Late at night on Saturday, Nov. 7, nationalized health insurance—and eventually a government takeover of healthcare—took a giant leap forward. Among the 177 Congressional Republicans, only one voted for the bill, but the party deserves more blame than it has received for the country’s drift toward socialized medicine.
Republicans had ten months to offer what they claim to want: a free-market alternative to ObamaCare. Instead, they introduced Obama-lite, clad in a free-market mantle. Only at the last minute, as House debate on Speaker Nancy Pelosi’s monstrosity was set to begin, did Minority Leader John Boehner introduce the first GOP bill. It had a few good ideas, but it was hardly a free-market proposal, much less a serious alternative.
At first, Republicans opted for caution, testing the public waters before moving at the last minute to put up a bill of their own—if only to give themselves something to talk about in next year’s congressional campaigns. GOP pollster David Winston called it “an intentional strategic shift toward not being just the opposition party but trying to be the alternative party.”
Or maybe the New York Times had it right:
The minority party had little interest in putting forward a comprehensive piece of legislation. …. [A] comprehensive bill would have highlighted disagreements among Republicans, and would have taken a huge amount of time and effort only to see the measure easily cast aside by the Democratic majority. And putting out a bill earlier would have subjected it to weeks of attack. … [T]he 219-page bill is less of a complete answer to the Democrats’ nearly 2,000-page bill and more of a political message aimed at highlighting the Republicans’ contention that the Democrats’ legislation is too costly and would dangerously expand the federal government’s role in health care.
The GOP strategy helped the Democrats portray the Republicans as the Party of No—not necessarily a bad thing to be when government is growing. But since so many problems in healthcare are attributable to current government interventions that should be eliminated, a mere “no” amounts to a defense of the corporatist status quo.
Since January, Republicans had talked a good game when attacking Democratic proposals. They criticized the so-called public option as a slow move to single-payer, and they raised the threat of rationing inherent in any government plan to control spending. They also opposed the Democrats’ insurance mandate for individuals and employers, a repudiation of the disaster Mitt Romney gave Massachusetts. They called for extending the employer-based insurance tax break to individually purchased coverage and for legalizing interstate commerce in health insurance. But these virtuous measures didn’t go far enough, and they were overwhelmed by many vices.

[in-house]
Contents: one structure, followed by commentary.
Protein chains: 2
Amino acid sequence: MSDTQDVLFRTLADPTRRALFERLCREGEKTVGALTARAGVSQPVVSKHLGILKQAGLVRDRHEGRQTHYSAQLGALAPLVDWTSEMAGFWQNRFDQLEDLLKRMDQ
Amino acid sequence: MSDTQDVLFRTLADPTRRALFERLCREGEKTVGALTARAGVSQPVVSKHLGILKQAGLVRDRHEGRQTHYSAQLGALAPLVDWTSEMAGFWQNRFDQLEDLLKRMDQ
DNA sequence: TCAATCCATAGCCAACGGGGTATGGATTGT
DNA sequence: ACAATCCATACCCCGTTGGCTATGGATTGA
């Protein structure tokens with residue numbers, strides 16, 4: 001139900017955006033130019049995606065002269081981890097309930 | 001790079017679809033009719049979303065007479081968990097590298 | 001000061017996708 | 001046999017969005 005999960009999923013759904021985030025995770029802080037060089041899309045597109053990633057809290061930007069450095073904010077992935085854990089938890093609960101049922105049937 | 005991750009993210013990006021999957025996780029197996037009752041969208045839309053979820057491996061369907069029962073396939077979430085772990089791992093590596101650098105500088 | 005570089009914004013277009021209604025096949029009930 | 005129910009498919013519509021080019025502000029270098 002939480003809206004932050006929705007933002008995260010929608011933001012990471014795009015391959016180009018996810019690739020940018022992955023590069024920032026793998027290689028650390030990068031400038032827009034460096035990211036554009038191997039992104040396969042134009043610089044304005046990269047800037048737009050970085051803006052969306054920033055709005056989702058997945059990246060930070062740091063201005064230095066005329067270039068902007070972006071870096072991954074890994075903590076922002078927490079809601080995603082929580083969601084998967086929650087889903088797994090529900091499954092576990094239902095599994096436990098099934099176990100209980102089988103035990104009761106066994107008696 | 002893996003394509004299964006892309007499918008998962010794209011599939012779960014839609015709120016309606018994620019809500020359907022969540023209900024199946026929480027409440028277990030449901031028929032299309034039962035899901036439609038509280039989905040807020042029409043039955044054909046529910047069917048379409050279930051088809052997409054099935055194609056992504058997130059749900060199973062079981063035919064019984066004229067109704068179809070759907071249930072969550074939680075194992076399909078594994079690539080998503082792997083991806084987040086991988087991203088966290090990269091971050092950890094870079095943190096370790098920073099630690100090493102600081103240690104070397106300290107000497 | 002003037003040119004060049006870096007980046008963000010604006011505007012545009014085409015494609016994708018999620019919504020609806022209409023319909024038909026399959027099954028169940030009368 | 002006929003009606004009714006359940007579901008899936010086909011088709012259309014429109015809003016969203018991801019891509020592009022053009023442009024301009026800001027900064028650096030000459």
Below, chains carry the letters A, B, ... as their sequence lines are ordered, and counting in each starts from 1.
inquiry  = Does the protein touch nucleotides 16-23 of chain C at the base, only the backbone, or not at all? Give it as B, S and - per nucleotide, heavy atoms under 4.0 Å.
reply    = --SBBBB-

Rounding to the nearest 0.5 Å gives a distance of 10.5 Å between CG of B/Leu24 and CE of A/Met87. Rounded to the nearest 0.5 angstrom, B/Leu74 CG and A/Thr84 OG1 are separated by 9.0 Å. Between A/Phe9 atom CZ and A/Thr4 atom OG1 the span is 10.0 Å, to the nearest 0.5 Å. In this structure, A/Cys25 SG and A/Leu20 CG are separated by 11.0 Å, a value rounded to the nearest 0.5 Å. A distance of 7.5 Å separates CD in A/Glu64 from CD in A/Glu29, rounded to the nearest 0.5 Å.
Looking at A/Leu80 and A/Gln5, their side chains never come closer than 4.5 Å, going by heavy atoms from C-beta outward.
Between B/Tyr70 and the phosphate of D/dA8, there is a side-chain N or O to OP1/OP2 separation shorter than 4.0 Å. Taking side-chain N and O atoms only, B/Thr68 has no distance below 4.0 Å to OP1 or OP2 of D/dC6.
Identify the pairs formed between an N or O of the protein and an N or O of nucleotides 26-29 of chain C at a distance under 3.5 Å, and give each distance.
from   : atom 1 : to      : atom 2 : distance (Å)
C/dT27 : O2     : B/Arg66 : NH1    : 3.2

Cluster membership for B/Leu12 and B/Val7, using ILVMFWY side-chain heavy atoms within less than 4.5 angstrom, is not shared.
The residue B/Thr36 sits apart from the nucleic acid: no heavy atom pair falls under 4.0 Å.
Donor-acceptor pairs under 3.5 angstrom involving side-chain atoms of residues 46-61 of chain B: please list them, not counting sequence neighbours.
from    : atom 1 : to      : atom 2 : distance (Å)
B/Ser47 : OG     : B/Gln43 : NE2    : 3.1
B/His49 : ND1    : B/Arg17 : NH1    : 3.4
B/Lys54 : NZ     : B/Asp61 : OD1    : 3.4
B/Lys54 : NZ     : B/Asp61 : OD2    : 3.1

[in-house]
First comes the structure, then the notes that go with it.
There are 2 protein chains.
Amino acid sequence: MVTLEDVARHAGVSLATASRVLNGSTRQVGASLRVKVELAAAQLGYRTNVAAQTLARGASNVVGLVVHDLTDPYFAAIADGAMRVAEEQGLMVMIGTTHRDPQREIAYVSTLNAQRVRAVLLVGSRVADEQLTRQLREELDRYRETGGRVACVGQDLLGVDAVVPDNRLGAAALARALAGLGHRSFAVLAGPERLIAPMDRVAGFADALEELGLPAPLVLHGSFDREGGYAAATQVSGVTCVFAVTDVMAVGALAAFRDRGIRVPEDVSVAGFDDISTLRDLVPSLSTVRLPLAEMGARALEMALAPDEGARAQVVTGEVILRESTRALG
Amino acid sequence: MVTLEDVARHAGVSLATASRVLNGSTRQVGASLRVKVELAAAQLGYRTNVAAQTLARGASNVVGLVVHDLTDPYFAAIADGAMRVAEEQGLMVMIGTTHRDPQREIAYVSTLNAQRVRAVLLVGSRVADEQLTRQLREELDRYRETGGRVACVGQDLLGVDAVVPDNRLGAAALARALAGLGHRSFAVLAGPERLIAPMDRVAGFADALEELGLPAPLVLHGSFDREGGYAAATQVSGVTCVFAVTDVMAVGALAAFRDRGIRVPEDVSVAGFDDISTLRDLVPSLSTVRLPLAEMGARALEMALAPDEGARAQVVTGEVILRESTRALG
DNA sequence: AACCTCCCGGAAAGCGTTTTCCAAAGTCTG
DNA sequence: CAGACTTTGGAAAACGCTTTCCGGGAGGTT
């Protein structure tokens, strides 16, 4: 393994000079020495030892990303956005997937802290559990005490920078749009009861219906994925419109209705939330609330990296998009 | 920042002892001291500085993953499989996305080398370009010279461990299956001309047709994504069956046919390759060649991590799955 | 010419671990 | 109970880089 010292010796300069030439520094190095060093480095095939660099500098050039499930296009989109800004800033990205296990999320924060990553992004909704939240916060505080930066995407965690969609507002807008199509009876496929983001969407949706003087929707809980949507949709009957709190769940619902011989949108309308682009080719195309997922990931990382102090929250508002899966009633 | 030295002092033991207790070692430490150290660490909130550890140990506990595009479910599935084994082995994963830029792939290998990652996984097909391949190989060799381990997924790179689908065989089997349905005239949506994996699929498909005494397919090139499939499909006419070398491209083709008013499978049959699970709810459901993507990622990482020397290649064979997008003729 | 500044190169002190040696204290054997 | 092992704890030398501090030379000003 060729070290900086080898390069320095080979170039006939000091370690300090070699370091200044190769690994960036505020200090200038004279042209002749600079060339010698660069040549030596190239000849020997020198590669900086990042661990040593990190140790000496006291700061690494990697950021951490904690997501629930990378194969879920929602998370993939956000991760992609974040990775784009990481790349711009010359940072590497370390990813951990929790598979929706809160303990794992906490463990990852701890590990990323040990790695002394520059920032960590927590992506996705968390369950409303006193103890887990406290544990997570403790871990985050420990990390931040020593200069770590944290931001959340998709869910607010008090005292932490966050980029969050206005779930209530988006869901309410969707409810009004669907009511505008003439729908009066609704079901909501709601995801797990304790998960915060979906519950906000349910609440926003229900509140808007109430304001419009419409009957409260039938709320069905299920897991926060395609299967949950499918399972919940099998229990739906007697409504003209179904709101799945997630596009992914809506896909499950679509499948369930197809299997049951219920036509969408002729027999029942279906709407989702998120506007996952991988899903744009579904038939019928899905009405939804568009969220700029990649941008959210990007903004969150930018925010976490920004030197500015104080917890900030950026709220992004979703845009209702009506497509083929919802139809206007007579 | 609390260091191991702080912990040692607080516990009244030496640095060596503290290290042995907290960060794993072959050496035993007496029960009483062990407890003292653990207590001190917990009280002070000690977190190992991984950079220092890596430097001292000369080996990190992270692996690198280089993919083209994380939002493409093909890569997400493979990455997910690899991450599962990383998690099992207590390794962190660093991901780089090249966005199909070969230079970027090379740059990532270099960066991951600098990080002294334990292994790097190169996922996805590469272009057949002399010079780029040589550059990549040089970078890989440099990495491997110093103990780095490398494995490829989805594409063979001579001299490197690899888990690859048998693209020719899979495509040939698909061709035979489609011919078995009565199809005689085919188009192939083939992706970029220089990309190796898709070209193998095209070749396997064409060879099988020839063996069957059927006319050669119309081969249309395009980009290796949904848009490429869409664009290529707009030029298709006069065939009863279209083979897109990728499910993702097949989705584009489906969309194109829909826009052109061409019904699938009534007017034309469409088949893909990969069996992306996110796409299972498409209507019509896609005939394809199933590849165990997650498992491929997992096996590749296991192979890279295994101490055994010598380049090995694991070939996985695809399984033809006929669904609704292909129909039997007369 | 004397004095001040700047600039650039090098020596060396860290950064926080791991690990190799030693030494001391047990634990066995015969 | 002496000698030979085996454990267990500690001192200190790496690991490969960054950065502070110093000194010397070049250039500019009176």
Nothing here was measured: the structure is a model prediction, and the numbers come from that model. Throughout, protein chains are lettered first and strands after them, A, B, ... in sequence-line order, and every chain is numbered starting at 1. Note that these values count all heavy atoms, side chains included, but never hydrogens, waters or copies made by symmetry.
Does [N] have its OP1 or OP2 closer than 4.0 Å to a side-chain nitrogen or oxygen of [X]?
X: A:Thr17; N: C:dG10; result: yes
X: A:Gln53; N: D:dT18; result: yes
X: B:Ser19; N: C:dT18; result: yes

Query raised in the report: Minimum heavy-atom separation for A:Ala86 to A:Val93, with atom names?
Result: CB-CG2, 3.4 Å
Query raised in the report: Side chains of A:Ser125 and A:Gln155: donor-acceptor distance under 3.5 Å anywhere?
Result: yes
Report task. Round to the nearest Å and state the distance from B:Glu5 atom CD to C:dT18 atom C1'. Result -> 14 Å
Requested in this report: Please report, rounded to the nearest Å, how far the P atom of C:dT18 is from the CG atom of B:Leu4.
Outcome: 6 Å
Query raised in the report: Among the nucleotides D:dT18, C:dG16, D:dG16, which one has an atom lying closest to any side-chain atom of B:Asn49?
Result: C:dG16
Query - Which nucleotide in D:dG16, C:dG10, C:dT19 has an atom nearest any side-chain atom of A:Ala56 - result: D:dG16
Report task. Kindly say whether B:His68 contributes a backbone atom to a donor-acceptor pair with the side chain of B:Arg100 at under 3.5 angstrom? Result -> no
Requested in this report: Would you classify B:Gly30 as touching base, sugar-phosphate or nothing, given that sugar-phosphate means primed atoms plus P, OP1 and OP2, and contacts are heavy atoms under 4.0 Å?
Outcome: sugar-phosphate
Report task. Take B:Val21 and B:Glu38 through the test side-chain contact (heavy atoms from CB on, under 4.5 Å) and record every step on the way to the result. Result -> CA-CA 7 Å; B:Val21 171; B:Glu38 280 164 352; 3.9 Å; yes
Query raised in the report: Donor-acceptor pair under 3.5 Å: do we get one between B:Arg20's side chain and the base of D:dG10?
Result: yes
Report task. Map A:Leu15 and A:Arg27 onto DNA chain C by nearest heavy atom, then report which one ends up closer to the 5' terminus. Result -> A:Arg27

Before Nov. 3, the most ambitious GOP proposal belonged to Rep. Paul Ryan, a conservative with a reputation for being a health-policy expert and an entitlement hawk. In a speech at a Cato Institute healthcare conference, Ryan said, “This problem can be fixed, not by pushing the market out, but by bringing the market in. One of the reasons healthcare is not doing well right now, one of the reasons health inflation is so high, one of the reasons there are so many distortions in health care, one of the reasons millions of Americans don’t have access to affordable insurance, is because we’ve displaced the fundamental tenets of a free market.”
This sounds like a good start. He went on, “What are those tenets? Transparency on price, transparency on quality, and an incentive to act on both. Currently, you don’t know what services cost, or who’s good at providing them and who’s bad. Even if you know such things, you’re told by your insurance company, HMO, or the government where and who you have to go to to get your care.”
This is typical Washington talk presented as a defense of the free market. “Transparency” and “incentives” are popular political words, but they are not fundamental tenets of a free market. They arise as a result of individual economic freedom. When people have responsibility for their own well-being, spend their own money, and face the tradeoffs inevitable in a world of scarcity, they have incentives to demand clarity and simplicity from competing health insurers and medical providers, who in turn have to accommodate them to win their business. Competition is key, and what makes competition possible is freedom—specifically consumer sovereignty and the absence of legal barriers to entry. To have freedom, government must back off and permit people to engage in transactions as they see fit. This is precisely what is lacking today.